As per the recent UN data 1.1 billion people worldwide do not have adequate access to a decent water supply. A wide range of people and organisations, all united by a belief in market-based economics or a financial stake in the water business (or both) believe that the answer lies in treating water primarily as a commodity to be bought and sold, to make sure all water services can cover their costs and let private companies run the water supply for profit. In Bangalore these arguments have been put forward under the banner of ‘reform’ and has resulted in people being ignored by companies and often their access to water has become worse and unaffordably expensive.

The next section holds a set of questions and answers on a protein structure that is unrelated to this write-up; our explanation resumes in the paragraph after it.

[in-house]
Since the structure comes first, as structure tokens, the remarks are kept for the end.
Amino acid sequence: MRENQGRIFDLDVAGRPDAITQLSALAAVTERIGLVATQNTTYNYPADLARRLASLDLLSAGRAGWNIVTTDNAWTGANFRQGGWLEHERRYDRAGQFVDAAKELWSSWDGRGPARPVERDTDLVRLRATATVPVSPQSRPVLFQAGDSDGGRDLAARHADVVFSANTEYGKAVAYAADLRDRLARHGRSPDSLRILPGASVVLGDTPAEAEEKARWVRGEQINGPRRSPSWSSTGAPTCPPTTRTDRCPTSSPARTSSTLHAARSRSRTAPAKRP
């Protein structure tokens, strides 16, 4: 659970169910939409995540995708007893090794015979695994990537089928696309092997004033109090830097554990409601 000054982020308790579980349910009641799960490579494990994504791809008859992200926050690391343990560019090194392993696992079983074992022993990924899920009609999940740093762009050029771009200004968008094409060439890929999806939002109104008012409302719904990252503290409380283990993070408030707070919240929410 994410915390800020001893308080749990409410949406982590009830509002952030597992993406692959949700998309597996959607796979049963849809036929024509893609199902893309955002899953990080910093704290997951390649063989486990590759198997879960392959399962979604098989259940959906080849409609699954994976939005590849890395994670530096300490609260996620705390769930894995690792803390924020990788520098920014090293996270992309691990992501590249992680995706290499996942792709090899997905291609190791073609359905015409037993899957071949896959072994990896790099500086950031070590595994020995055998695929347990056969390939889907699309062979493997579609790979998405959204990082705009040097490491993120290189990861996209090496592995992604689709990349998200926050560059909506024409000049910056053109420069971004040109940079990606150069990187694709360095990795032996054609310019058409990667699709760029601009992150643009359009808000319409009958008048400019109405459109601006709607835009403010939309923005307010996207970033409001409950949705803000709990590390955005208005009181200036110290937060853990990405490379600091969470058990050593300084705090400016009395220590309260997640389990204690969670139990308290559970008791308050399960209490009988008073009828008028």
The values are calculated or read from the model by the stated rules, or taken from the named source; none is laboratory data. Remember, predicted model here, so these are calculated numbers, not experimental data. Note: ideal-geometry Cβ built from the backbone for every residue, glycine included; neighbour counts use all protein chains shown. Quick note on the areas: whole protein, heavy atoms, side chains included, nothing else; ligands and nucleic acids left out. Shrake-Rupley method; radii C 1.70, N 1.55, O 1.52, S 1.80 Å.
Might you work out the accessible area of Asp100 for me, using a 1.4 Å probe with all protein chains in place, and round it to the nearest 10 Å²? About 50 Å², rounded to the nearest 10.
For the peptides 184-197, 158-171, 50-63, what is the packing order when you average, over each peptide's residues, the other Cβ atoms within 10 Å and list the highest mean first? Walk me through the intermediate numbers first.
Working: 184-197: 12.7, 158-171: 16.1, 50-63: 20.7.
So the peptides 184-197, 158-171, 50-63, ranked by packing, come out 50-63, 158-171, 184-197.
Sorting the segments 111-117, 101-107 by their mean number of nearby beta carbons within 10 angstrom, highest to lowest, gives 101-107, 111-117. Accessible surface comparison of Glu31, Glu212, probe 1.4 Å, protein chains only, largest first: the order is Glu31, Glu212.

Resisting Reform?: Water Profits and Democracy, looks at the attempts that have been made to ‘reform’ Bangalore's water supply and situates them in their global and national context and that of the city's broader development. It looks at how the ‘reforms’ have entered government policy, who has put them there, and how they have been opposed, principally by the poor in the city. The book argues that involving private companies is no answer to run an equitable water supply. Treating water as a commodity is a dangerous principle for any water service, public or private.